• I think this gets back to the distinction I was making between temperaments of liberality versus reactionaryism as opposed to ideologically coherent, historical traditions. The difference being that because of an overlap between temperament and ideology, we falsely tend to conflate the two. On Haidt’s chart, for example, I am weird, because I show lower than average concern for disgust–even lower than liberals–but higher than average concern for loyalty, higher than most conservatives actually, but Haidt’s research doesn’t and can’t place what that concern for loyalty is actually is.

      Openness is an advantage, but also a limitation. But I share you general high preference for cognitive dissonance, and I off side that by rigid self-criticism, so while I fall into messiness, I fight addiction pretty well.

      Over-determination, looking at ALL the things that cause me to doing and not trying to reduce it to one as if that could give me self-knowledge is how I approach both politics and myself as a discipline. It does not determine the cynical, semi-Marxist way I analyze the world (I see semi-because I supplement by world view with anthropology, psychology, neurology, Weberian sociology, critiques of the philosophy of science, and not-entirely-marxist pedagogy), but it is there. This leads to my frustration with liberalism, particularly as I see liberalism as an activist set of ideas (it’s never one thing, not even one temperament), turn into reactive posturing to protect itself sometimes surpassing the groups it is critiquing. You have run into this yourself when dealing with specific forms of ID politics, and yet you and I both can still see the validity of the facts that would lead someone into that shell.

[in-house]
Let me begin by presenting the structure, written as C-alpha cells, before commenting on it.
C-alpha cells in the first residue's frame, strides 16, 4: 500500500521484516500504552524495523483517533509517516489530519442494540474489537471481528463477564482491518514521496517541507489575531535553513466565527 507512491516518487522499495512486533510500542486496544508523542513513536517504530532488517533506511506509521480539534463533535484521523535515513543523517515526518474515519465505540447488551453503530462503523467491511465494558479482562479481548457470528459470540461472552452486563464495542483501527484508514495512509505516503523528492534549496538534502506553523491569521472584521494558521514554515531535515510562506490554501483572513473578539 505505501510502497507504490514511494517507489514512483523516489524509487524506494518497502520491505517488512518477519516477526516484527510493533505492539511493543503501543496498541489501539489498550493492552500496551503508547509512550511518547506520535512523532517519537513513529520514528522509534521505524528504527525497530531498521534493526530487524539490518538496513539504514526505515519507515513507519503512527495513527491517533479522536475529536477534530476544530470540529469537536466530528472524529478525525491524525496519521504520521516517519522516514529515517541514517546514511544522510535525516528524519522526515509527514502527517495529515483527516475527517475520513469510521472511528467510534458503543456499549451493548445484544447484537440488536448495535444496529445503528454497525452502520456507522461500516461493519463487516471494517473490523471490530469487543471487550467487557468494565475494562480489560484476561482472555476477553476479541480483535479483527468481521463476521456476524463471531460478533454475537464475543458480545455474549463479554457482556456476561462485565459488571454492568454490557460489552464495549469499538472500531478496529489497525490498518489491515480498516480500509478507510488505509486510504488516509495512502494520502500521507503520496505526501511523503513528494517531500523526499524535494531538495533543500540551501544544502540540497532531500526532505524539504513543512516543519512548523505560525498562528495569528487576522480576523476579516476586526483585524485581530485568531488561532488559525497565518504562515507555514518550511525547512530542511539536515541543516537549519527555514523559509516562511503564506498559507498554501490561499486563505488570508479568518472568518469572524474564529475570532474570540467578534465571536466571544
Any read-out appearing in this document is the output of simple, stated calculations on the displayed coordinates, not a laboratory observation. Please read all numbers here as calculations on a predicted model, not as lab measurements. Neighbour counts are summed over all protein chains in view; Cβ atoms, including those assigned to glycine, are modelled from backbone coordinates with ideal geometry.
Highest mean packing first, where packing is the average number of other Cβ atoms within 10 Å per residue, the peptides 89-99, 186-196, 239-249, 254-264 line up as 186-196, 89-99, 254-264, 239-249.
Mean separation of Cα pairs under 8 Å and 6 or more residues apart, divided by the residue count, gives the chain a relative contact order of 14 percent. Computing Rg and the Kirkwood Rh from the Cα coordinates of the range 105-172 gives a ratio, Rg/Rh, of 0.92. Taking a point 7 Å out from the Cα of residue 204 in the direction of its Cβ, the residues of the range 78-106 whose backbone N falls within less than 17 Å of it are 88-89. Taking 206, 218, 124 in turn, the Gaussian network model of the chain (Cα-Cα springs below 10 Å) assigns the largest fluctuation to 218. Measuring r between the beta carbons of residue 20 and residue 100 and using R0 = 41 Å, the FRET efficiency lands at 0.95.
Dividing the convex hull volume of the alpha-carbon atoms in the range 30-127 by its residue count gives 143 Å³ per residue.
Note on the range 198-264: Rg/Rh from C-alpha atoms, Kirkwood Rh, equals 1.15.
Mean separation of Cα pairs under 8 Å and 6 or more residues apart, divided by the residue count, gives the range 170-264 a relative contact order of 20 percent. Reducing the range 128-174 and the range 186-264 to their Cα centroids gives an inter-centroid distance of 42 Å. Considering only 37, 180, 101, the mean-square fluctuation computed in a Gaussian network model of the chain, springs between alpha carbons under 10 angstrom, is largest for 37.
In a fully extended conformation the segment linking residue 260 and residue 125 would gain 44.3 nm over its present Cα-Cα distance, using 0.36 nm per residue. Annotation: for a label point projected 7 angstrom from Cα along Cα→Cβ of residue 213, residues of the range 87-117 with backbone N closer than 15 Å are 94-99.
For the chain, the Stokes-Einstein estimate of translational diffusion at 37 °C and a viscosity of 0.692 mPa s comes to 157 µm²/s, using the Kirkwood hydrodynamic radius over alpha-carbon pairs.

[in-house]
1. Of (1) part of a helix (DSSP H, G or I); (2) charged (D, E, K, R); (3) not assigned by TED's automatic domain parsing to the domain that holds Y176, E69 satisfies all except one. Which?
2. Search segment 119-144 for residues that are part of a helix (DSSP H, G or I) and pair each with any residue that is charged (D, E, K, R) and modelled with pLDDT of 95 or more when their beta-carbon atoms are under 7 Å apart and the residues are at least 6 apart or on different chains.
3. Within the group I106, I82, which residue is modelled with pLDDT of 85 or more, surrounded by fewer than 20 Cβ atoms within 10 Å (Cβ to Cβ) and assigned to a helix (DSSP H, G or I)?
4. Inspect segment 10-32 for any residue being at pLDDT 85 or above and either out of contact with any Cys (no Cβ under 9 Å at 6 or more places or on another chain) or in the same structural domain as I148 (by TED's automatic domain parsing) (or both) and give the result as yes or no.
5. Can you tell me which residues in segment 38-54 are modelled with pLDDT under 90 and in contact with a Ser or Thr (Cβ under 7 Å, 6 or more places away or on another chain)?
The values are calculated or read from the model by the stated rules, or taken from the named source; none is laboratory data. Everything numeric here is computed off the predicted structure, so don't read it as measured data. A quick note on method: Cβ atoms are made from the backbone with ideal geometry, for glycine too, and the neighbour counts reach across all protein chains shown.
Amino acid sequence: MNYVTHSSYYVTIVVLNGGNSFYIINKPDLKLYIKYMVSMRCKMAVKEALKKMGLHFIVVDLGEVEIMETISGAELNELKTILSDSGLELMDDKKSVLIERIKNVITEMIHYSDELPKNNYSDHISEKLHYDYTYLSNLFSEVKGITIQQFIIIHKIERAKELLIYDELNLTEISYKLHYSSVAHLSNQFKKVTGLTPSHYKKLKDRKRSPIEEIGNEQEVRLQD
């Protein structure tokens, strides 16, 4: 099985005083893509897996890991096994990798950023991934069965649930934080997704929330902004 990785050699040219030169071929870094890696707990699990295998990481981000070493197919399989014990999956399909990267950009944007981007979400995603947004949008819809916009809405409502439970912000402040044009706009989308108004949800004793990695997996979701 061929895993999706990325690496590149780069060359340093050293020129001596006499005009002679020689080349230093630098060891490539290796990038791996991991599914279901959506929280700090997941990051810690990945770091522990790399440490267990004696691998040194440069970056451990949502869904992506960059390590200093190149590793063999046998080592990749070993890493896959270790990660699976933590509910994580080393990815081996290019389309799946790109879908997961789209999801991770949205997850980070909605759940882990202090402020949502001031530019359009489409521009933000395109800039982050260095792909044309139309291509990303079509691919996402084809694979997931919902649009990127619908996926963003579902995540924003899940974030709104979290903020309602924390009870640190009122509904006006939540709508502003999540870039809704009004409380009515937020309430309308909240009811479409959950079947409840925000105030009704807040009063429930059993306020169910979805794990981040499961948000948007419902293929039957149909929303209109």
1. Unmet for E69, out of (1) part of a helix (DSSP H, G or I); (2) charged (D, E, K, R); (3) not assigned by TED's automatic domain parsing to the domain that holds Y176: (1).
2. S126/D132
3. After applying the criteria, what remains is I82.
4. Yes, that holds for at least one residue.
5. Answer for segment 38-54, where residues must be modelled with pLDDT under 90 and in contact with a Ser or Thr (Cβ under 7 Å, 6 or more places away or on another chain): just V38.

That shell, however, does stop one from getting where they should go from the point of view of their own goals, and that is the tragic part of liberality turning reactive.